It turns out, we aren’t the first to try and turn lemons into lemonade, or nightmares into inspiration, so to speak. There’s a creative writing practice that recommends writing in the time between sleep and wake, a time often called hypnagogia. Hypnagogia is a term used both for the time when falling asleep and waking up and the kind of half-consciousness that comes with both of those times. The idea is that the structure we often think of as necessary to write, maybe starting the day with your coffee, looking over your notes, gathering your thoughts, leaves a lot of room for procrastination and over-thinking. The time is never right, the thoughts never feel collected enough. But if we forget all about that and take advantage of the grogginess of sleepiness, we can break out of those habits and maybe stumble upon something very creative. The idea is to pick up a pen or open up your keyboard in the first moments you’re awake or the time right before you’re fully asleep - and then just see what happens.
You don’t have to be a writer to set this kind of creativity free, of course. If you have a project on your mind, a piece of art you’ve been wanting to make, a business idea that’s still nascent, you can apply this same idea.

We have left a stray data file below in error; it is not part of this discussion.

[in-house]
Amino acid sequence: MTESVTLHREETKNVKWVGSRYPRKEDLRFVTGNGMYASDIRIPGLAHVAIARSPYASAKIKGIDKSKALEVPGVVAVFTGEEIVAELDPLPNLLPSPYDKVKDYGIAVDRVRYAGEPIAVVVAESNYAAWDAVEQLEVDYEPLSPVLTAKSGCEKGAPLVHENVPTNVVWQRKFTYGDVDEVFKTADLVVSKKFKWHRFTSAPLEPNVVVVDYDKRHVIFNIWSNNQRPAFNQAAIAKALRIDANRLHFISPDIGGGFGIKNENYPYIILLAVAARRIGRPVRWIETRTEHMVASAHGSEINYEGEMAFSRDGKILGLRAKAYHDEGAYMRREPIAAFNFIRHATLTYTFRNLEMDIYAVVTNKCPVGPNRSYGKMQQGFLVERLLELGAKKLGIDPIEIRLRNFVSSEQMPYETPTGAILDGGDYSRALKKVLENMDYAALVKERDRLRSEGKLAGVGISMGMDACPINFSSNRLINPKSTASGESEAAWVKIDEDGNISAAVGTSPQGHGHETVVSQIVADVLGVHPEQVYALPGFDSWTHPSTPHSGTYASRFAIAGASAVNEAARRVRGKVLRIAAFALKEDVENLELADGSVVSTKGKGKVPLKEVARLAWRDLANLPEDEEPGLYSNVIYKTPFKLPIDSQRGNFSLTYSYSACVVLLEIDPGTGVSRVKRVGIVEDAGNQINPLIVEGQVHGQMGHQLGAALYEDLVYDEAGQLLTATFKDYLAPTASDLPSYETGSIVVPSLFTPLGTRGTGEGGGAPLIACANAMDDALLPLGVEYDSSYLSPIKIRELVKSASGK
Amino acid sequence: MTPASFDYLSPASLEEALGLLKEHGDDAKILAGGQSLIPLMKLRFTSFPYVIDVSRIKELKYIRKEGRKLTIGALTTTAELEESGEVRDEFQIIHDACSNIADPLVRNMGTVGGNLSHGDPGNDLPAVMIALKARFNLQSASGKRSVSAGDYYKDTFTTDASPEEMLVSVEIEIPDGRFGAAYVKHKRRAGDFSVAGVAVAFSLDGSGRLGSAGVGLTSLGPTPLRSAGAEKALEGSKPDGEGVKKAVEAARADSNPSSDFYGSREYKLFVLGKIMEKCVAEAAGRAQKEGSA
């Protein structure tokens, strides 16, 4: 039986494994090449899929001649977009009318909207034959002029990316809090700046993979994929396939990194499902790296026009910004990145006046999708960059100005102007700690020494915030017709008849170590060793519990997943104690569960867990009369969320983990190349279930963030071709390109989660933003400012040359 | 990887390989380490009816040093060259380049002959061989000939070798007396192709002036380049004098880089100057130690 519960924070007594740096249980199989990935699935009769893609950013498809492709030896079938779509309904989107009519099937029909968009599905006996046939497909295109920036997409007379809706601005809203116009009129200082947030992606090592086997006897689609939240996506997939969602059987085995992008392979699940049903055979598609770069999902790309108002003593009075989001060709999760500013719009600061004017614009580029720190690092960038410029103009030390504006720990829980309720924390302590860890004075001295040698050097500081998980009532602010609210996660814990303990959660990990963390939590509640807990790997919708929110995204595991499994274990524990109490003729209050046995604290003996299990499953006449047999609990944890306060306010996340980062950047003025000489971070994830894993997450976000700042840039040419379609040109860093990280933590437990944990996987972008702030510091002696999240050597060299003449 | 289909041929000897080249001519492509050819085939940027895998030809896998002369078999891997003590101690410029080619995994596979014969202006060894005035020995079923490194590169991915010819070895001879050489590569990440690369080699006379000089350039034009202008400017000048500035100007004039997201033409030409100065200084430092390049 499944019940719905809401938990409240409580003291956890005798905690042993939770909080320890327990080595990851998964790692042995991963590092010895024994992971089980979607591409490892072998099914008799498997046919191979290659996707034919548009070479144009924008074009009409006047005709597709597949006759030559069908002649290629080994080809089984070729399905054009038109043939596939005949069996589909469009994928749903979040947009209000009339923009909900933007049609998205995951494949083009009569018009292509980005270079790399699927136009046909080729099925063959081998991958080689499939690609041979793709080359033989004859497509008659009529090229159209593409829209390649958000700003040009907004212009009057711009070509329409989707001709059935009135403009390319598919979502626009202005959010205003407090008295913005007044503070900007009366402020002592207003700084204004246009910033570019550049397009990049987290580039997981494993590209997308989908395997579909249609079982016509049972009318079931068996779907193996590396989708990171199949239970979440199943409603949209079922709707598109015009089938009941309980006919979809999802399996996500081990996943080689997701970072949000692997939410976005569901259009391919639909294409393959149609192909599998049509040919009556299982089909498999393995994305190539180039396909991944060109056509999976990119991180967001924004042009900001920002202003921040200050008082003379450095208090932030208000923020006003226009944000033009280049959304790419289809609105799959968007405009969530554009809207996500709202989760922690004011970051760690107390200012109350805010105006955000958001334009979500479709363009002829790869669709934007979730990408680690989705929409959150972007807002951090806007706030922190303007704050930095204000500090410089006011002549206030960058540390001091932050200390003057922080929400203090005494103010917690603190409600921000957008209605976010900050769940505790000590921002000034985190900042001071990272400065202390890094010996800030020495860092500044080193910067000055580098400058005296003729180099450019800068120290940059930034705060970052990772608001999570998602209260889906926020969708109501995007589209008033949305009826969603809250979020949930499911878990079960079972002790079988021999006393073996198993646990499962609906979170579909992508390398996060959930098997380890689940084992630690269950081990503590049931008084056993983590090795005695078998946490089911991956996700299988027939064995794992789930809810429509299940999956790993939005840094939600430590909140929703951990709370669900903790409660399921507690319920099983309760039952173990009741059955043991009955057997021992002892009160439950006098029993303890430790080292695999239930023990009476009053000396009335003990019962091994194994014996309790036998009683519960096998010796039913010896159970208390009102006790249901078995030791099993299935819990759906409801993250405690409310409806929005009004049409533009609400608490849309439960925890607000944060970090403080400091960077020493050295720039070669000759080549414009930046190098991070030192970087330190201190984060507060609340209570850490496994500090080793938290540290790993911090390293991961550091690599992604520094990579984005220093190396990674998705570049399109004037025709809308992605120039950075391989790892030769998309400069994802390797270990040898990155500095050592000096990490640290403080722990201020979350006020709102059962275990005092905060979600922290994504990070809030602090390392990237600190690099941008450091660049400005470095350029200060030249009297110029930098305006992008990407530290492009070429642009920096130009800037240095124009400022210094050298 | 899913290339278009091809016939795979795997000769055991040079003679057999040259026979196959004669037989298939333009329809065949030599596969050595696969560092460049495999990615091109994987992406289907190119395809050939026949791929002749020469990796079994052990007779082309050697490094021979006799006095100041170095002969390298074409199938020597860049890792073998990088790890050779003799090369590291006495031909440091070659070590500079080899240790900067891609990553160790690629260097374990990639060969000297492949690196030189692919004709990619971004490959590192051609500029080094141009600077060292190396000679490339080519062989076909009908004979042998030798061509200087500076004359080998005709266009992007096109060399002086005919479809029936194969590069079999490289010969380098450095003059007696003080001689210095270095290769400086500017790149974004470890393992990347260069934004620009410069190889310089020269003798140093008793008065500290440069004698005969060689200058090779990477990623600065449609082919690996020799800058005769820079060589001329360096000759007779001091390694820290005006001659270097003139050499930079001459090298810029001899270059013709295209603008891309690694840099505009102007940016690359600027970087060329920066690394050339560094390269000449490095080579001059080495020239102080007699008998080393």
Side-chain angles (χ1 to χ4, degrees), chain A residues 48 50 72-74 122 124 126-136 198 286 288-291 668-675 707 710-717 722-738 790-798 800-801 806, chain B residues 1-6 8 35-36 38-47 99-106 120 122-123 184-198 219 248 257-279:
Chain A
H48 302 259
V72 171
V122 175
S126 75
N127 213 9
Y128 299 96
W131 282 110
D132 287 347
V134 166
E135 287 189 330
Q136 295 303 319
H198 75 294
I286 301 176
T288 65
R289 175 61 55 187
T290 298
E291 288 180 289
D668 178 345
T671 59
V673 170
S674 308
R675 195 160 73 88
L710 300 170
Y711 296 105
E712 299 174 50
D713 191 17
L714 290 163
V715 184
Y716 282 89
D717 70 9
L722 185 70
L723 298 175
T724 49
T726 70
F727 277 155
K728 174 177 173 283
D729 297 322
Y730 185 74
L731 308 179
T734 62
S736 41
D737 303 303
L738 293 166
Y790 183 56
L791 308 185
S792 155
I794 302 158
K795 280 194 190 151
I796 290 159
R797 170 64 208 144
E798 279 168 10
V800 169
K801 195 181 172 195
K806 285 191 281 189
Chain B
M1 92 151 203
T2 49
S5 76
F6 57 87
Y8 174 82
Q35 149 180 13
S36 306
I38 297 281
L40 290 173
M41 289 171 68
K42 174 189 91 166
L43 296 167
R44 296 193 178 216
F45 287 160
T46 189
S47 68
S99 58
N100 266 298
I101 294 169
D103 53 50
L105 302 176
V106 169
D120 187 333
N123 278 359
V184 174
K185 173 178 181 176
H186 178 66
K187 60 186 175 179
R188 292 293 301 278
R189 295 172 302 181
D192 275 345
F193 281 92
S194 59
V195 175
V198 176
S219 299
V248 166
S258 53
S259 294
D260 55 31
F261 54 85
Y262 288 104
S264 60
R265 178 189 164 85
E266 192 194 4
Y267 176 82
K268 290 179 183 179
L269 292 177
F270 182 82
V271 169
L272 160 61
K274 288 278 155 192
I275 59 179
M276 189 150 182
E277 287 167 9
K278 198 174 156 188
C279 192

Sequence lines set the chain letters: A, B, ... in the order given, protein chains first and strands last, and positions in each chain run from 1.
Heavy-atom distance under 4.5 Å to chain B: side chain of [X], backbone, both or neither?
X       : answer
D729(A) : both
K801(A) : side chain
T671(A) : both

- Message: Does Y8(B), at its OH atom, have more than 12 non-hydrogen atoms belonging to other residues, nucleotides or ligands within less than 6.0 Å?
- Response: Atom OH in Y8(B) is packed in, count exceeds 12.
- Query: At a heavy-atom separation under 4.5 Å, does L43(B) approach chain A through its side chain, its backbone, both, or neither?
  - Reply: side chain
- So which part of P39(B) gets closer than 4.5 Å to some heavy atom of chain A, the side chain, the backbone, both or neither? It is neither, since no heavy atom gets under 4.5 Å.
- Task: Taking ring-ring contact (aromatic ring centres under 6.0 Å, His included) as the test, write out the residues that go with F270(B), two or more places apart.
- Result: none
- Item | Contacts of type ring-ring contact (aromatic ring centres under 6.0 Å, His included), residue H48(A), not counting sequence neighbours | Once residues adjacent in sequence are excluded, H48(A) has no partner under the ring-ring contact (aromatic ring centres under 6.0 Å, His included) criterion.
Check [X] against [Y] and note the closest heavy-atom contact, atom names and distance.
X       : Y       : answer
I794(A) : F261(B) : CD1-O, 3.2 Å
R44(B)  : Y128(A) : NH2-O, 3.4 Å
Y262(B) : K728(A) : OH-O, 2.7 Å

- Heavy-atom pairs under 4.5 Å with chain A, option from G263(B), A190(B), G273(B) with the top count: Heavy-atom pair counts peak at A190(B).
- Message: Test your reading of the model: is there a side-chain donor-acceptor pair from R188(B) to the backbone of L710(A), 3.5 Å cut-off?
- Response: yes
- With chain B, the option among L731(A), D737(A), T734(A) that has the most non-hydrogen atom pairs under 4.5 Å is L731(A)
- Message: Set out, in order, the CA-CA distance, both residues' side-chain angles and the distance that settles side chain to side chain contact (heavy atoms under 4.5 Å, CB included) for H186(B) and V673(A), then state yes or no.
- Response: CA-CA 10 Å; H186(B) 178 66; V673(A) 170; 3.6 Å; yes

There’s a history of creativity tapping into the in-between states of sleep. A Huffington Post article about the topic quotes Salvador Dali:
“You must resolve the problem of ‘sleeping without sleeping,’ which is the essence of the dialectics of the dream, since it is a repose which walks in equilibrium on the taut and invisible wire which separates sleeping from waking,” Dali wrote in the book 50 Secrets of Magic Craftsmanship.
Psychologists believe that hypnagogia is the state right before sleep, when you’re being led into slumber. Tapping into this state is the key to really letting your creativity flow. It’s when we have those weird thoughts that seemingly have nothing to do with each other, when memories come back crystal clear, even though we aren’t sure why. It feels a bit hallucinatory, but then again, so do dreams, right? Night-owls might already be onto these theories, those of us who are most productive late at night might be tapping into some of this energy without realizing it.
If writing something down when you’re half asleep feels like too much homework for you, try just paying attention to those thoughts, give them a little more merit than just late night wandering right before you fully shut off.
There’s a lot that science can’t explain about sleep, particularly the link between sleep and creativity, but there’s something we know for sure: getting comfy in your favorite set of pajamas is a good place to start. So, let’s all do a little experiment together and next time we’re working out an idea, trying to tap into creativity, for whatever reason, let’s try to write down some notes in the time between sleep and wake and see what happens. Try keeping a notebook on your nightstand, and go ahead and write something down when an idea pops up - even if it’s with the lights off! Maybe your brain will make a bit of magic!